Connected to the monastery is the National Archaeology Museum. This museum includes Egyptian and Islamic artifacts in addition to Portuguese collections from the Middle Ages. It’s interesting if you have the time or like ancient history. Admission costs €10 just visit the monastery although a combo ticket to both locations costs €12 saving you €5.

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Belém Tower

The Belém Tower is a historic city defence tower located at the mouth of the Tagus River built in the early 1500s. It has also served as a lighthouse and customs house before becoming a tourist attraction. You can easily visit the tower when seeing the Jerónimos Monastery or walking along the river in this section of Lisbon.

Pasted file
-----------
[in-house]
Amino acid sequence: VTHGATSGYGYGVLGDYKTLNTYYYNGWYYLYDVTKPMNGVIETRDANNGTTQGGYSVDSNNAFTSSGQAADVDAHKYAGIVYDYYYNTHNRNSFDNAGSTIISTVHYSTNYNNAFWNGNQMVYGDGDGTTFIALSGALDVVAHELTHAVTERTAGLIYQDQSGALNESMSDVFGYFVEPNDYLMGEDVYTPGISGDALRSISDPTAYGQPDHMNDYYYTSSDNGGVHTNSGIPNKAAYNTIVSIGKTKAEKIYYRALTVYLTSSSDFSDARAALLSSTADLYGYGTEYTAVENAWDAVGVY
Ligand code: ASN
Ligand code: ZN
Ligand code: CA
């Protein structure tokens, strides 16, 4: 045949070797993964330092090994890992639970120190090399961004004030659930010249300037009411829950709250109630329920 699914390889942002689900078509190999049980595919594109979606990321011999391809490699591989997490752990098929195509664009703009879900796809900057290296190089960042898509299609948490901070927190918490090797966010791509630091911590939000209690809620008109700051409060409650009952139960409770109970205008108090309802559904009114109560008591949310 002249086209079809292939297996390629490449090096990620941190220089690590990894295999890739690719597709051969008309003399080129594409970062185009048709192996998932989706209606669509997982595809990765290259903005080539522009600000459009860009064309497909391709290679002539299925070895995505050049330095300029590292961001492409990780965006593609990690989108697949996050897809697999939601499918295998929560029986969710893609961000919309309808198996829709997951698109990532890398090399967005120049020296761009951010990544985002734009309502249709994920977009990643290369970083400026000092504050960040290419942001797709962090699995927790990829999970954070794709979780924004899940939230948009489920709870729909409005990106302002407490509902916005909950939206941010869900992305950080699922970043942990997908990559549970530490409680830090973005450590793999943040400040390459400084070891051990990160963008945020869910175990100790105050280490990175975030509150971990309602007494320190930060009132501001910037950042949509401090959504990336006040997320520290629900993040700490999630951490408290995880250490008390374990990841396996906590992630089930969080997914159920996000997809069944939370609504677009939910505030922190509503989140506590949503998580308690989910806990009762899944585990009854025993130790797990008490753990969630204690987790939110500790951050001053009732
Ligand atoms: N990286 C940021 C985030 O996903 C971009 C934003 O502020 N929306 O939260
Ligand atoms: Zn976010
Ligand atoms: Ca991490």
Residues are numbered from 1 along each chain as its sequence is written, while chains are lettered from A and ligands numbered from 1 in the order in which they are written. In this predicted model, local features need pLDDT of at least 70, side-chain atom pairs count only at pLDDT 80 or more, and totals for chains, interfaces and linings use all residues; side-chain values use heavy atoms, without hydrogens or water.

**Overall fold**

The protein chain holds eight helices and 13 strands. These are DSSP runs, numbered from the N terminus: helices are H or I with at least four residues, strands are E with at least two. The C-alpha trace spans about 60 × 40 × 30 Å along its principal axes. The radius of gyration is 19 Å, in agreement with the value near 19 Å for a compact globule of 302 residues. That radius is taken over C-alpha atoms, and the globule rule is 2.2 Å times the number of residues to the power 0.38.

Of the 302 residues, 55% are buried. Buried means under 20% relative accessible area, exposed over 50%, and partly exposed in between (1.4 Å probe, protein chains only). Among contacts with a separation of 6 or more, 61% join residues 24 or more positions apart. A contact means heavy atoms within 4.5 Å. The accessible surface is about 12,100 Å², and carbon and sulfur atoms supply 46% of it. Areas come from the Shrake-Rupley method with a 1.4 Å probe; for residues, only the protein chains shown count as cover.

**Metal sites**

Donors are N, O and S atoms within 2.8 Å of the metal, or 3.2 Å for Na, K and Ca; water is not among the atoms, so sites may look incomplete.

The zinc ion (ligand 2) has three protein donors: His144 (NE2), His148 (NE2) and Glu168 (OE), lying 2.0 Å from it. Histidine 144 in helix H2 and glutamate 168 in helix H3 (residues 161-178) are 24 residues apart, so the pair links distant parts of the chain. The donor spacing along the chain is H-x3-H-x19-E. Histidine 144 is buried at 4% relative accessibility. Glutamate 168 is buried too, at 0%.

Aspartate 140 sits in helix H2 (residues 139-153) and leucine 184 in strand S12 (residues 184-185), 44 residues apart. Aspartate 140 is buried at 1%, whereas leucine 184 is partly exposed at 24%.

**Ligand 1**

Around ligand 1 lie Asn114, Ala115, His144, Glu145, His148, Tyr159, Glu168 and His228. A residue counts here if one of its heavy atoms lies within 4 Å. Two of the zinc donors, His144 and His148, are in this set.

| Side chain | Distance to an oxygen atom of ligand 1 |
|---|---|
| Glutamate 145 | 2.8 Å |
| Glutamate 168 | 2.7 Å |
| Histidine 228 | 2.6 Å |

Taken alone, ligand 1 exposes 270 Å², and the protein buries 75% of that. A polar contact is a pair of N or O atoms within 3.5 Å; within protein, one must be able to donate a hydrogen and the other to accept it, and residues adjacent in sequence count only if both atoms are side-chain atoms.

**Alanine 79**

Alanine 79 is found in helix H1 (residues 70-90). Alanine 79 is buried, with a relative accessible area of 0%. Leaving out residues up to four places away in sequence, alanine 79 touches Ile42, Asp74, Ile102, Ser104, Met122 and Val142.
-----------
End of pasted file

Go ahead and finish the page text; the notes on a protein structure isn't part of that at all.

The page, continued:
This tower is also a symbol of Portugal’s glory days as they explored the world and opened distant trade routes. Today, you can see the dank ground-level prison and tour the tower’s five levels. Like many of the city’s other buildings and monuments, this tower is built from the white-coloured stone.

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São Jorge Castle

At the top of Lisbon’s highest peak is São Jorge Castle which offers stunning views of the city. The original fortress dates back to the fifth century and has improved over the centuries. You can explore the various towers and imagine you are back in the Middle Ages guarding the town.

Take the time to explore the streets near the castle. The castle is in the Alfama District which is the Lisbon’s oldest district. Enjoy the panoramic overlooks, quaint streets, and old buildings.

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Lisbon Cathedral